Thread: #Canadians tortured while ‘red princess’ goes shopping - Taking hostages is an old ploy for resolving disputes in #China, yet retaliation over Huawei case has destroyed ties with #Canada asiatimes.com/2019/08/articl…
Taking hostages is a time-honoured way of resolving disputes for the Chinese Communist Party regime, which fears the rule of law and an independent judiciary.
The CCP has taken this form of dispute resolution to a highly sophisticated and nuanced level which even foreigners who do believe in the rule of law and an independent judiciary can understand.
There is a profound difference in the implications of the kidnapping & holding hostage of Simon Cheng as he returned from Shenzhen to Hong Kong on August 8 & the kidnapping & holding hostage of the two Canadians Michael Kovrig & Michael Spavor.
They were both spirited away at the beginning of December last year. At any one time there are dozens if not scores of foreigners being detained in China because their local business partners claim illegality 7 have used influence with the local police & courts to make it stick.
The detained foreigners are usually ethnic Chinese who have emigrated to Australia, Canada, the United States, or elsewhere, and whose facility in China is seen as an asset to their companies.
Usually also, these emigrants are either foolish enough to use their old People’s Republic of China nationality documents to travel into China, or they have not taken the precaution of renouncing their Chinese citizenship.
In either case the result is that PRC officials insist the kidnappings are an entirely internal matter, and they refuse access to consular officials from the hostage’s new home.
Unlike the more common business hostage-taking, the detention two weeks ago of Simon Cheng, a locally engaged employee of the British Consulate in Hong Kong, as he returned to the territory after a day’s business over the border in Shenzen, was clearly a political kidnapping.
Cheng’s detention came after the United Kingdom government in London had expressed concerns about the violent police reaction to peaceful pro-reform demonstrations in Hong Kong, and a call for Beijing to stick to its promises made before the 1997 handover of sovereignty.
In the last few days Beijing’s international English language mouthpiece, Global Times, has reported that Cheng was detained “for soliciting prostitutes” during his one-day visit to Shenzhen on August 8.
There are several reasons to think this story is highly unlikely. Although it is true that prostitution is rife in Shenzhen and it is near impossible for any businessman to spend any time in the city without being propositioned, Cheng had a full agenda of business meetings.
More than that, most of the prostitutes in Shenzhen are managed by the local police, to whom the women pay protection money. If the police had wanted to pick Cheng up for consorting with prostitutes they didn’t have to wait until he was about to re-enter Hong Kong.
Yet he messaged his girlfriend from the high-speed train saying he was on his way home. This is interesting because the only Chinese immigration checkpoint on this line is in West Kowloon Station in Hong Kong. This means Cheng was detained in HK & taken back across the border.
In the context of the Hong Kong demonstrations against attempts to pass a bill enabling easy extradition of alleged criminals to China, there is a strong message here. With or without an extradition treaty with Hong Kong, Beijing is grabing people it wants to detain.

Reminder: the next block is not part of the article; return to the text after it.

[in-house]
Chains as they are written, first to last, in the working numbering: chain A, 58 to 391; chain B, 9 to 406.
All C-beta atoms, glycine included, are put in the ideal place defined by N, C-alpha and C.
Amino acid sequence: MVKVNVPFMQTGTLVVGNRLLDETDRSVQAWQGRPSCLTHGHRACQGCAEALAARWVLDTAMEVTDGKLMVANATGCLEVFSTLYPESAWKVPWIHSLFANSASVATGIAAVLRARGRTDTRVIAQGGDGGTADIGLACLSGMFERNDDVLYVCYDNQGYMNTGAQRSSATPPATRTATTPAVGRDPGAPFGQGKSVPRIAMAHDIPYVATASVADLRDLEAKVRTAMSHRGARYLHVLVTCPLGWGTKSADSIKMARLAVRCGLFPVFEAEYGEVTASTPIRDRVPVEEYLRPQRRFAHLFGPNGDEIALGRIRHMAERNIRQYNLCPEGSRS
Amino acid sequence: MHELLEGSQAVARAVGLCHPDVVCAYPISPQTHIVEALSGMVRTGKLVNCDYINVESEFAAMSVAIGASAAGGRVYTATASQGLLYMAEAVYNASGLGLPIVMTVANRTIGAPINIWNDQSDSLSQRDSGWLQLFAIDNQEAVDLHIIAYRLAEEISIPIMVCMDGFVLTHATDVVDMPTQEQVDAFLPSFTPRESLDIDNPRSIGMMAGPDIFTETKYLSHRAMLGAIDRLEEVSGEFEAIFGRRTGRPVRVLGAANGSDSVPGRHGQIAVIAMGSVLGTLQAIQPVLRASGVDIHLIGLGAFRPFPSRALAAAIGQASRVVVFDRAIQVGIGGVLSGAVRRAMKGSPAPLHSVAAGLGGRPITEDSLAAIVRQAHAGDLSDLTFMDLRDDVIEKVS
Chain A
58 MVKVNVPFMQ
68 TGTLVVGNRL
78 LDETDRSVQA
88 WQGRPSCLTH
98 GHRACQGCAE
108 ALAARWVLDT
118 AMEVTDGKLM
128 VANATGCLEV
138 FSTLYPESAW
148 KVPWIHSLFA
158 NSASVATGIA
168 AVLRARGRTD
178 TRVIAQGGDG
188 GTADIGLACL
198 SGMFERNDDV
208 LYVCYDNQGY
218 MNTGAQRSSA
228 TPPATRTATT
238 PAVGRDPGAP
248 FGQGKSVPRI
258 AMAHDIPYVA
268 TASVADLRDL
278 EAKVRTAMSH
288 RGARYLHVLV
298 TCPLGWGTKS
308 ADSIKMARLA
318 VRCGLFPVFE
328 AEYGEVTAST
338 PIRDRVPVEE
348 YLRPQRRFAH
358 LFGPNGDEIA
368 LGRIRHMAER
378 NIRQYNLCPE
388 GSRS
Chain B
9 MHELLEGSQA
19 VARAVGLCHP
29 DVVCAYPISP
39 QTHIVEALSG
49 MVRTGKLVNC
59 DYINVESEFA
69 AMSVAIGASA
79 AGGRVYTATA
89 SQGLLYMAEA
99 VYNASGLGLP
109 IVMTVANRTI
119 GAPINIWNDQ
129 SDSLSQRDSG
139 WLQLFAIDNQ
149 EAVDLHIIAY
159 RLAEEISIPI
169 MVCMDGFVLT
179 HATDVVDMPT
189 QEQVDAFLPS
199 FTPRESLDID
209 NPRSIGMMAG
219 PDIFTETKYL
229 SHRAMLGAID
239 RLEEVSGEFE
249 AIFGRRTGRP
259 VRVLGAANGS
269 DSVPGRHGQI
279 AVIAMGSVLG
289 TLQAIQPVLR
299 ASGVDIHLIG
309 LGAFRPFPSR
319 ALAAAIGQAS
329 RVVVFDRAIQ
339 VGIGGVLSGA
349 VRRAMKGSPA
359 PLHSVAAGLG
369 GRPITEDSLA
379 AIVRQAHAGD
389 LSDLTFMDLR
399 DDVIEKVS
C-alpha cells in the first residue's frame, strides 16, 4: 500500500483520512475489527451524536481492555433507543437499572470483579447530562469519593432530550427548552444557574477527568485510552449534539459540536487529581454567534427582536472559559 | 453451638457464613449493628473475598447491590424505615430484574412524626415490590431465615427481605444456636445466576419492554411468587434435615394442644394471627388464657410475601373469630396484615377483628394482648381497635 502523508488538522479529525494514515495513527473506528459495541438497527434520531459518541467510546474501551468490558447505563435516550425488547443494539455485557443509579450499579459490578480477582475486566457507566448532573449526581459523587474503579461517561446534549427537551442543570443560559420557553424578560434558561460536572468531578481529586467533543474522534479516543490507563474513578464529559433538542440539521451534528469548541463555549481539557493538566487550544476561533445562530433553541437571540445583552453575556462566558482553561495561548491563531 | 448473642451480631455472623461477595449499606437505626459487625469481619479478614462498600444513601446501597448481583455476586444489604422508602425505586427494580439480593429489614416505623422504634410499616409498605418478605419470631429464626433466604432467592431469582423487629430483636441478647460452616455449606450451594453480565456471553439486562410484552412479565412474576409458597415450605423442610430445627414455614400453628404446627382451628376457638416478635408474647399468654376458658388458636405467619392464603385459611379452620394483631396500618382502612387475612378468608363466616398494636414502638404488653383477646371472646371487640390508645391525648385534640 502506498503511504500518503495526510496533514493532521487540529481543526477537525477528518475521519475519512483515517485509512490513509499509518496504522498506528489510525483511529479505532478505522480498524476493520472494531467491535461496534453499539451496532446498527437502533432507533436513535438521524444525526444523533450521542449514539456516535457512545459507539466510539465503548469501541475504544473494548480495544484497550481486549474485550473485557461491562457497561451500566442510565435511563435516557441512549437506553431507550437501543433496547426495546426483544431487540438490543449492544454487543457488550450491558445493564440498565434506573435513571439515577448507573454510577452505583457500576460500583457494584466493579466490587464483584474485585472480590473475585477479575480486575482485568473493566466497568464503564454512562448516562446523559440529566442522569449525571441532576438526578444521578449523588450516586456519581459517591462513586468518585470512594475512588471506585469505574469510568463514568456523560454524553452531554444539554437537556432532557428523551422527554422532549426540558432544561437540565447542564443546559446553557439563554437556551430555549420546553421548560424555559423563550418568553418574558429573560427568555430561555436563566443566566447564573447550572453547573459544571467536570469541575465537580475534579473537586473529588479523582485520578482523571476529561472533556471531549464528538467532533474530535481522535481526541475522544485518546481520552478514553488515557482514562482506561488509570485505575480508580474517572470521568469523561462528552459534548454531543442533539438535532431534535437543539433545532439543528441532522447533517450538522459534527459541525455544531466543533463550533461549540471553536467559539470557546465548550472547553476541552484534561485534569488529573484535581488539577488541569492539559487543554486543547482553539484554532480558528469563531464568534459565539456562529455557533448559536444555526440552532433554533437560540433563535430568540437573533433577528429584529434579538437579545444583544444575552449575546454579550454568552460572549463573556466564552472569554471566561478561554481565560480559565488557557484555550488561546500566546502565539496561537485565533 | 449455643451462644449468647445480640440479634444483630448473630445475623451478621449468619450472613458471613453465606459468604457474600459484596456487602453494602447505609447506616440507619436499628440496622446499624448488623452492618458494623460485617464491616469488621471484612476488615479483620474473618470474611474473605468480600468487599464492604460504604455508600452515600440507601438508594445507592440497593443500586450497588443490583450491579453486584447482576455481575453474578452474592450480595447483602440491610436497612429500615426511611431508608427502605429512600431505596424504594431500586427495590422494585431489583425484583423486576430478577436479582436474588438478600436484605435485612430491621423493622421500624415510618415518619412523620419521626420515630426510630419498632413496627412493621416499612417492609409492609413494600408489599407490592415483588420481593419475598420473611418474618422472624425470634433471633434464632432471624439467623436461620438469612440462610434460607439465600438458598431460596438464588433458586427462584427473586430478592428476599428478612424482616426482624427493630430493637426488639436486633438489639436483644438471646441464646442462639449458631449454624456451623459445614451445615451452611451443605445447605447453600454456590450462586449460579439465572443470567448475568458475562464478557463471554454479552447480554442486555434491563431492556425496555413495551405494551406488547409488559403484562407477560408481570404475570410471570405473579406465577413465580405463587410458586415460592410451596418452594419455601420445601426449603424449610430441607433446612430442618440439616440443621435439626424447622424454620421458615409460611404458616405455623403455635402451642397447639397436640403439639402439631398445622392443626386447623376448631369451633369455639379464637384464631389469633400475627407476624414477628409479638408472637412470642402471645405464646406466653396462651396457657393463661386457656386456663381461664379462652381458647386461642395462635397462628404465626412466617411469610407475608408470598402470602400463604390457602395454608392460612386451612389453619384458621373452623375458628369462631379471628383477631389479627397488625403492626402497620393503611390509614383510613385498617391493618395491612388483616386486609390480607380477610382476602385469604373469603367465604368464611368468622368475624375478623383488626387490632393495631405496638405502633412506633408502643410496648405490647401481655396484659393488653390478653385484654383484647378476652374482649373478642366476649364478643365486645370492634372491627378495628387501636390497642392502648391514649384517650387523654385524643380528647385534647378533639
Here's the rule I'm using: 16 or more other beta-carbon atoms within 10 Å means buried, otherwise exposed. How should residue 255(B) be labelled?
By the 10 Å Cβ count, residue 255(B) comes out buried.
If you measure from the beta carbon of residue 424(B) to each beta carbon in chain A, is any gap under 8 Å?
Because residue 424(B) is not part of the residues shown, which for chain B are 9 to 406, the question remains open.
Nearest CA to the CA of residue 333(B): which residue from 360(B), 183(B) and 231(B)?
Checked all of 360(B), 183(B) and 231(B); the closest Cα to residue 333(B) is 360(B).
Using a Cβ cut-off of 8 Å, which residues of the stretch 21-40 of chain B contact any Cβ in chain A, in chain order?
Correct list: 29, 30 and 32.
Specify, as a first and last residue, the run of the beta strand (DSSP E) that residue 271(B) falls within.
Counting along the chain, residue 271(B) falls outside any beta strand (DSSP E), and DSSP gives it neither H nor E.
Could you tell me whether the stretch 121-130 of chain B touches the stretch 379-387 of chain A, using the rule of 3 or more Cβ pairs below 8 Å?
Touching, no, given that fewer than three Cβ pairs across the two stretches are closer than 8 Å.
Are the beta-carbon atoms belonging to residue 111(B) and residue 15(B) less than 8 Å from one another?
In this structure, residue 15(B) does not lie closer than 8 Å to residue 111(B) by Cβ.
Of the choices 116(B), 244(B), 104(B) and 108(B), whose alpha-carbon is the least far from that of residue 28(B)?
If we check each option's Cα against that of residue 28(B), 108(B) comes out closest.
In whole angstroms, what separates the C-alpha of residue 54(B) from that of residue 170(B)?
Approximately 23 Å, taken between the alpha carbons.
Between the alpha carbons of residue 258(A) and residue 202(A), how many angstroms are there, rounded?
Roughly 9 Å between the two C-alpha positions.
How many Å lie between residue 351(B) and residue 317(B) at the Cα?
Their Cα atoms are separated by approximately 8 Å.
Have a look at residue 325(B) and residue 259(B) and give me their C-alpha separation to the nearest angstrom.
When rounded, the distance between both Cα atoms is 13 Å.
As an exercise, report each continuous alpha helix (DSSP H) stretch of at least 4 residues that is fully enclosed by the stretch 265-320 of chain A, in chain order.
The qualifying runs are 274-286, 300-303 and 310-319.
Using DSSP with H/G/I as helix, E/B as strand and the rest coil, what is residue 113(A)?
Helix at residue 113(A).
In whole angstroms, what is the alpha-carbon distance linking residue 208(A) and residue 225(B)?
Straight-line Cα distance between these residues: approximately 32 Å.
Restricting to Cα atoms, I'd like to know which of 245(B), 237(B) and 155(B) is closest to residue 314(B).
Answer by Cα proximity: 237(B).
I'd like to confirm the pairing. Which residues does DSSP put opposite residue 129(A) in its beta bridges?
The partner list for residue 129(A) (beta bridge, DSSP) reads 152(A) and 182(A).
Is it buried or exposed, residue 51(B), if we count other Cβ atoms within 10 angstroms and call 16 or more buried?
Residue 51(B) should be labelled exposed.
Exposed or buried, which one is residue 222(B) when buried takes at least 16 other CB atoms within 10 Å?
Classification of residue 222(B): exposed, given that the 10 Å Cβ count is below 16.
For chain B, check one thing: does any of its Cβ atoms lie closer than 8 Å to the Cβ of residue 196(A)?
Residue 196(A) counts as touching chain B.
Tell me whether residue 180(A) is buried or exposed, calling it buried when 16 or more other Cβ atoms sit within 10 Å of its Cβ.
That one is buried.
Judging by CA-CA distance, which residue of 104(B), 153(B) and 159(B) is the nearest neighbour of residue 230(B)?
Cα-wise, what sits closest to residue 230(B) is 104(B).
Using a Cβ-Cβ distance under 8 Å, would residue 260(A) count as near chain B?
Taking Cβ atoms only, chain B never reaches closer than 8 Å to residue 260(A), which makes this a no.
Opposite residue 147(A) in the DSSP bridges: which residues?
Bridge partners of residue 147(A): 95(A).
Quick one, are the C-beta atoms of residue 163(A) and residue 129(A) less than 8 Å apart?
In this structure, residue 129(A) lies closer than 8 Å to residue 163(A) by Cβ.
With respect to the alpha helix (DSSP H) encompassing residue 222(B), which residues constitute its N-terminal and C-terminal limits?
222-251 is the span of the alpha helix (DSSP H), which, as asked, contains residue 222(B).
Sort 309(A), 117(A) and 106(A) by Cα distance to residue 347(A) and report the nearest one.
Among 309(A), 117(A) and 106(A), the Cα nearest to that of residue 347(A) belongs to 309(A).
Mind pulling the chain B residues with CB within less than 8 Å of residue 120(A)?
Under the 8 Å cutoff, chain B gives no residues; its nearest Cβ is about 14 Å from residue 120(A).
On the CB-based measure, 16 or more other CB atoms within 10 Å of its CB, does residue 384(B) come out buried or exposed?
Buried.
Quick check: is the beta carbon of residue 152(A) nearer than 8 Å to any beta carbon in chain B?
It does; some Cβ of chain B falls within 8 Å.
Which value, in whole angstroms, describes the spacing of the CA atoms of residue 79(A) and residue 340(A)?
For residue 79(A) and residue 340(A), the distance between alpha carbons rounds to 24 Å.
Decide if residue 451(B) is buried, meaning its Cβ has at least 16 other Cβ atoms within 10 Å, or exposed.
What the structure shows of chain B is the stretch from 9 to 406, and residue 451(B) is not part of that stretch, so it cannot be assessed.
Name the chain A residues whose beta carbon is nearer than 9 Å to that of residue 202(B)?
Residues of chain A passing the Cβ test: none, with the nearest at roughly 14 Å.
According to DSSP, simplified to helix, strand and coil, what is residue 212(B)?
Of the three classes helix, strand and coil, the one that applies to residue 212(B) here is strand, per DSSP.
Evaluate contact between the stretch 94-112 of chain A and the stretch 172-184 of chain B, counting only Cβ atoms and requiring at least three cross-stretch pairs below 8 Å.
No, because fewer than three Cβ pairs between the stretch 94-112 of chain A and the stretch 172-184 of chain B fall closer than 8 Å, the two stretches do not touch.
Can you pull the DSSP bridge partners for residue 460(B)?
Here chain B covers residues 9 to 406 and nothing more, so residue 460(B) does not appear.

Canada has been confronting a similar message since last December when diplomat Michael Kovrig & businessman Michael Spavor were detained. They were picked up a few days after the December 1 detention of Meng Wanzhou, the chief financial officer of Huawei
Meng was detained on an extradition request by the United States Department of Justice, which alleges she lied to international banks in the process of trying to circumvent Washington’s sanctions against Iran.
The kidnapping of the two Michaels is a lesson in how passionate the CCP is in protecting its red princes and princesses. Not only have the two Michaels been held for nine months, and allowed only one visit a month by Canadian consular officials, they are also being tortured.
The two Michaels are being tortured by sleep deprivation and are being subjected to hours of interrogation every day. Both have now been charged with espionage and endangering the security of the People’s Republic of China.
Princess Meng, in contrast is only under nighttime house arrest at her Vancouver mansions. She seems to spend most days shopping. Her case is running the course of Canada’s independent judicial system, her team of crack lawyers arguing her plea for the extradition to be rejected.
In the meantime, the kidnapping of the two Michaels is the cause of widespread public anger in Canada. This is exacerbated by events in Hong Kong, where there are usually about 300,000 Canadian citizens living and working.
And in Canada there is a large and strong contingent of supporters of Hong Kong democracy among the 1.5 million Canadians of ethnic Chinese heritage.
Canadian business people are being cautious and refusing to go there for fear of being taken hostage. Many senior Canadian officials, especially those with any level of security clearance, have been instructed not to go to China, or even Hong Kong.
The situation is forcing Canadian political leaders of all parties to realise that their future policy towards China can never be as close as it was in the past. It will have to be based on a minimalist view of the benefits of the bilateral relationship.
So at some point, the CCP will have to judge whether the excessive defence of one Red Princess is worth the fallout. But for the moment nothing will change because the CCP knows acceptance of the rule of law would be the end of the one-party state.
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